Top 5 Reads of 2016

It is the time of the year for a seemingly never-ending number of “best of” lists, and we are joining the party! These are mine (I only have three because I spent most of the year reading for my thesis) and I’ve asked some of my friends for their suggestions as well.

In no particular order:

  1. Portable Curiosities – Julie Koh
    If Haruki Murakami and Angela Carter had a literary child, this might just be it. Koh writes a brilliant collection of short stories gets right to the heart of the world we live in today, complete with characters and settings that are strange yet relatable.
  2. Ruins – Rajith Savanadasa
    With echoes of Adichie’s Half of a Yellow Sun, Ruins artfully examines what it means to be part of a family in a country  fractured by violence.
  3. The Hag-Seed – Margaret Atwood
    A fantastic retelling of Shakespeare’s The Tempest by one of the best writers around.

Wendy Chen | fiction, review, and opinion writer:

  1. Outrun the Moon – Stacey Lee
    “I fell in love with Mercy’s incredible narrative voice, the historical setting, and was touched by the thematic focus of the book: on friendship and overcoming differences in times of tragedy.”
  2. My Father’s Daughter – Alice Pung
    “A memoir told in third person from two perspectives, it explores the relationship between Pung and her father, who had survived genocide in Cambodia before he was resettled in Australia.”
  3. It’s Kind of a Funny Story – Ned Vizzini
    “…it’s a book that has helped and had an impact on many young people, me included. I only wish I could have read it when I was in high school.”
  4. Everything I Never Told You – Celeste Ng
    “[Ng explores] the delicate balances of this Chinese American family, their backstories, and the ways gaps and silences have built up in their relationships to prevent them from truly understanding one another.”
  5. Jane Eyre – Charlotte Bronte
    “Jane is the quiet girls’ hero indeed, and inspiring in the way she stuck to what she felt was right despite her relative lack of power in society.”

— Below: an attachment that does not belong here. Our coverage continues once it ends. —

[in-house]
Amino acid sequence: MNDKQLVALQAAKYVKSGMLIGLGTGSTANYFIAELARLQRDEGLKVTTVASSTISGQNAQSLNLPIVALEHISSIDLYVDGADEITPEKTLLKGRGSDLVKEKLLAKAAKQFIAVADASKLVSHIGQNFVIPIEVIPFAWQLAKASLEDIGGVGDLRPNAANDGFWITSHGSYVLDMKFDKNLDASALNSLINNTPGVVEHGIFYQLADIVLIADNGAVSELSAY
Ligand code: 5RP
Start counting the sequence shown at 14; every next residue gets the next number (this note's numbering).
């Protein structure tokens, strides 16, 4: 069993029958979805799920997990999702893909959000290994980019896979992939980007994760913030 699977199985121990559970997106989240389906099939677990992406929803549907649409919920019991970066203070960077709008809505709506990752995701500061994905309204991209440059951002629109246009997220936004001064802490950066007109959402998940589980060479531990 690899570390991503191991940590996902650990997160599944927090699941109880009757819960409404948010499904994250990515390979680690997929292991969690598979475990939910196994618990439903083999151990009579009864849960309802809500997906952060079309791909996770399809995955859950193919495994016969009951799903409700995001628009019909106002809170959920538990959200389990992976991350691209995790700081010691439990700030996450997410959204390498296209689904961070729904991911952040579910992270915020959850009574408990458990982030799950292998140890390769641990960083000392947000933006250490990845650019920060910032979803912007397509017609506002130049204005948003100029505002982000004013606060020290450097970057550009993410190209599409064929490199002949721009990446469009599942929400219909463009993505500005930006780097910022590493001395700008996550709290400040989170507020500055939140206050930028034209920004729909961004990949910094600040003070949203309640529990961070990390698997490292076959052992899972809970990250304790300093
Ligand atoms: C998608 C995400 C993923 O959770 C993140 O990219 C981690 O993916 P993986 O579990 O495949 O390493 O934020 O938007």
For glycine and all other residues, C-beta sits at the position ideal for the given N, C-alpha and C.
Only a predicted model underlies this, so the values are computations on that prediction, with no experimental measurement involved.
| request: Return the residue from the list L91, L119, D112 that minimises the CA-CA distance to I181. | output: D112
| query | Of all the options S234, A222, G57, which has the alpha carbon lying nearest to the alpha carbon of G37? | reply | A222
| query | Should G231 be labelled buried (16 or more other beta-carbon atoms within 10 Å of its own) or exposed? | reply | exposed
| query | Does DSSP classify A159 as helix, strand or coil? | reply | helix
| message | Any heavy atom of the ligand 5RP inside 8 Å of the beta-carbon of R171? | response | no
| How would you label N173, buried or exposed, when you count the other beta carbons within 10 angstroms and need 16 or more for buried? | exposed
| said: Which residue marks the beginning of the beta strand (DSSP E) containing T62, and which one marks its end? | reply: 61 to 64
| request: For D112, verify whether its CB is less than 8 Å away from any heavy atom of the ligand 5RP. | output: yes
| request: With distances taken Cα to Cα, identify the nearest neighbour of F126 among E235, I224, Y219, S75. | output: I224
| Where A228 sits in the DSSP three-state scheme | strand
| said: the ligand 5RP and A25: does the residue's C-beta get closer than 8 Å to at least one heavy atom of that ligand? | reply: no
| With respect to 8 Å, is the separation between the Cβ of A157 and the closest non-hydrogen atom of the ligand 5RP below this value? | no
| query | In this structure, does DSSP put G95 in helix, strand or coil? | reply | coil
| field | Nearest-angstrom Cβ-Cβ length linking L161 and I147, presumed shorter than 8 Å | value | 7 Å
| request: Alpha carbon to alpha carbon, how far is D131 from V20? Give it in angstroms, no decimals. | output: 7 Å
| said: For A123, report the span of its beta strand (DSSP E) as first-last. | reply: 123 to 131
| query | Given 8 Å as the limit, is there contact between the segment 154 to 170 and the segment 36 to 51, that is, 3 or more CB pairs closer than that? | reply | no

Read more of her thoughts on these books here!

Rajith Savanadasa | author of Ruins

  1. The Sellout – Paul Beatty
    I read a few paras at the bookstore and laughed all the way to the checkout line. Finishing it later I was not disappointed. Radical, scathing and politically incorrect in ways the anti-PC brigade could never match or fathom, yet always speaking truth to power, this has to be the funniest and saddest book about American race relations of the decade.
  2. Portable Curiosities – Julie Koh
    Strange, sharp, hilarious and sneakily political stories that somehow fits whole worlds into a few pages. Filled that George Saunders shaped hole in my life.
  3. Known and Strange Things – Teju Cole
    I read Teju Cole for the precise, elegant writing, his depth of understanding, the unusual paths taken to make complex vistas stunningly clear. I loved dipping in and out, taking time to mull over this wonderful collection of essays.
  4. Our Magic Hour – Jennifer Down
    Devastating emotions accumulate in a familiar Melbourne setting. Beautiful and sensitively written fiction by one of our best young writers.
  5. Lonely City – Olivia Laing
    A hybrid of memoir, biography and reporting this is a superb examination of a number of important New York artists whose work connected with the author’s sense of loneliness in that big city.

Shu-Ling Chua | writer, and 2016 Producer for Noted Festival:

Unpolished Gem by Alice Pung was the first book I identified with. A decade later, The Hate Race by Maxine Beneba Clarke took this a step further. It, and Foreign Soil (also by Clarke), taught me how race defines my life and importantly, others. I am learning how to articulate my ideas and that is ok.

My feminist awakening continued this year with Men Explain Things to Me by Rebecca Solnit, Sex Object by Jessica Valenti, Fight Like A Girl by Clementine Ford, and more. The Second Sex by Simone de Beauvoir sits by my bed, biding its time. Ideas might be dangerous; a well-read woman, more so.

  1. Portable Curiosities – Julie Koh
    This short story collection redefined Asian-Australian writing for me. Hilariously dark, heart-breaking and ultra-contemporary, Koh’s short story collection refuses to be pigeon-holed. Stand-outs: ‘Cream Reaper’ (#nomnomnom) and ‘The Three-Dimensional Yellow Man’.
  2. The Near and The Far (ed. David Carlin and Francesca Rendle-Short)
    Featuring fiction, nonfiction and poetry from 21 award-winning writers in the Asia-Pacific region. Stand-outs: ‘Dreamers’ by Melissa Lucashenko, ‘My Two Mothers’ by Suchen Christine Lim and ‘The Illoi of Kantimeral’ by Alvin Pang. Bonus: gleaning extra insight from author notes after each piece.
  3. The Hate Race – Maxine Beneba Clarke
    A memoir tracing the cumulative effect of racism from childhood to adolescence. The cruelty of Clarke’s peers and ineffectual response of her teachers is a never-ending assault that eats away at the essence of her being, yet she endures.
  4. I’m Supposed to Protect You from All This – Nadja Spiegelman
    A memoir of mothers and daughters, traced through four generations. It is also a study of memory, its fallibility and the stories we tell to create (and preserve) our sense of self. Poignant, calculated and self-aware.
  5. My First Lesson (ed. Alice Pung)
    An anthology of stories written by high school students. Far from wide-eyed, the next generation of Australian writers is socially engaged and imaginative. The breadth of themes and voices within this slim volume is impressive; the future is bright.

What have been your top five of the year? Let us know – and let us know what else we should put on our “to read” list!

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